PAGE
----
Andrew Kathindi

President Hage Geingob has warned that the third wave of COVID-19 that has been ravaging the country could yet get worse, stating that the spread could reach its peak in August.

This comes as the country has recorded over 34 000 cases in the month of June alone. “Expert projections and simulation tools indicate that the rising incidence curve, during this Third Wave, is expected to peak around mid-August, and may continue well until mid-September 2021. The darkest hour of the night, comes just before day-break. It is expected to get worse, before it becomes better. We must therefore do everything in our power to suppress the rate of transmission.”

The President further warns that the Delta variant, which was discovered in India, would well be among us. The results for the genome sequencing on the variant are expected on Friday, 2 July. This comes as Geingob extended the lockdown that has been in place in Windhoek, Okahandja and Rehoboth, to all the regions, with movement between regions now restricted.

The 13 regions have now been divided into 10 zones between which movement will be restricted for the purpose of the measures to curb the spread of the COVID-19 virus. “No travel will be permitted between regions, however travel within region, will be permitted. Returning residents, essential service providers, emergency medical cases and transportation of human remains for burial purposes, will be permitted entry and exit into restricted regions, with the relevant permit.”

The curfew, which has been in place from 22h00 to 04h00, has now been brought forth to 21h00 until 04h00, while public gatherings will remain capped at 10 people. Face to face classes for Grades 10, 11 and 12, which were operating while lower grades were on a winter break, have now also been suspended due to the rise in cases

The sale of liquor has now been restricted from 09:00 to 18:00 on take-away basis between Mondays to Thursdays, and no alcohol is to be sold from Fridays to Sundays.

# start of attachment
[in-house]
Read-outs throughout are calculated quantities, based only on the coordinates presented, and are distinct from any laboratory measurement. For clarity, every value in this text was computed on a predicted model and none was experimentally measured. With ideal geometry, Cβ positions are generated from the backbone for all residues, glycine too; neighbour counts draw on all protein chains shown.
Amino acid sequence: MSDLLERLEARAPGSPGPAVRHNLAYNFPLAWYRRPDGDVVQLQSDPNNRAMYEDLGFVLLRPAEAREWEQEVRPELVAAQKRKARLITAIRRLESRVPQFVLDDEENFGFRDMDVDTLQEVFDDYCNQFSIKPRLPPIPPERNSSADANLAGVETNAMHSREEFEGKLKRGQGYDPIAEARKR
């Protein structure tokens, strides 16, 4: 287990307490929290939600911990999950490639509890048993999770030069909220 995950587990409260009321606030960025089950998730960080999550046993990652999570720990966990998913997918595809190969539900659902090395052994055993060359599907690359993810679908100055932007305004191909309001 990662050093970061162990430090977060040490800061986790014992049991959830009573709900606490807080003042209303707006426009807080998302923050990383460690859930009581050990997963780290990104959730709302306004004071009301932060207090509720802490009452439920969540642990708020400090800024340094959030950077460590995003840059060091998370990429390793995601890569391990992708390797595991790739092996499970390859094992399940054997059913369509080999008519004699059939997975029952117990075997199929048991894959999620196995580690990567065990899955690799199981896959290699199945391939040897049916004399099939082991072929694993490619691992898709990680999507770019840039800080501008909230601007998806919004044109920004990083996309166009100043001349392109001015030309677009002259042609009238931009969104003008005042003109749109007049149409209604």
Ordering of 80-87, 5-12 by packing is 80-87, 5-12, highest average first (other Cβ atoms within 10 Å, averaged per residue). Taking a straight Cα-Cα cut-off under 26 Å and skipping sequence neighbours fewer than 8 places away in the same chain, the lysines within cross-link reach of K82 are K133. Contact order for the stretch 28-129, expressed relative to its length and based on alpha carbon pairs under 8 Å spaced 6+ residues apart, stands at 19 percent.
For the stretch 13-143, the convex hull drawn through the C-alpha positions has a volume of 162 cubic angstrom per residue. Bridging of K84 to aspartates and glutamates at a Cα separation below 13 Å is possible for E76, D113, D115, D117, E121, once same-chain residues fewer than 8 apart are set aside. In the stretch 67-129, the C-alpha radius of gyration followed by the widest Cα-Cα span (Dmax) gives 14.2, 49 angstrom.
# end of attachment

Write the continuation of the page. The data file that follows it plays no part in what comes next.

Meanwhile, Health and Social Service s Minister, Kalumbi Shangula, has expressed concern in the continued delays the country faces in procuring more vaccines. Government has set aside N$484 million for the purchase of additional vaccines. “The Government is seriously concerned about the delays that have hampered delivery of the vaccines to the country. We will spare no effort in our engagement with the potential suppliers of vaccines to vaccinate more people in Namibia. Our systems supported by the existing Expanded Programme on Immunisation are readying to go, and once more supplies arrive in the country, the vaccines will deployed speedily,” Shangula says.

The country expects 160 800 doses of AstraZeneca through the COVAX Facility and AZ Europe by early and mid-July; 250 000 doses of Sinopharm through Sinopharm and UAE by early July; and 250 000 doses of J&J vaccine through AVATT by August.

Namibia received 197, 200 doses of COVID-19 vaccines of which 143 813 has thus far been used. She has thus far recorded 89 917 cases of COVID-19 with 1 521 deaths.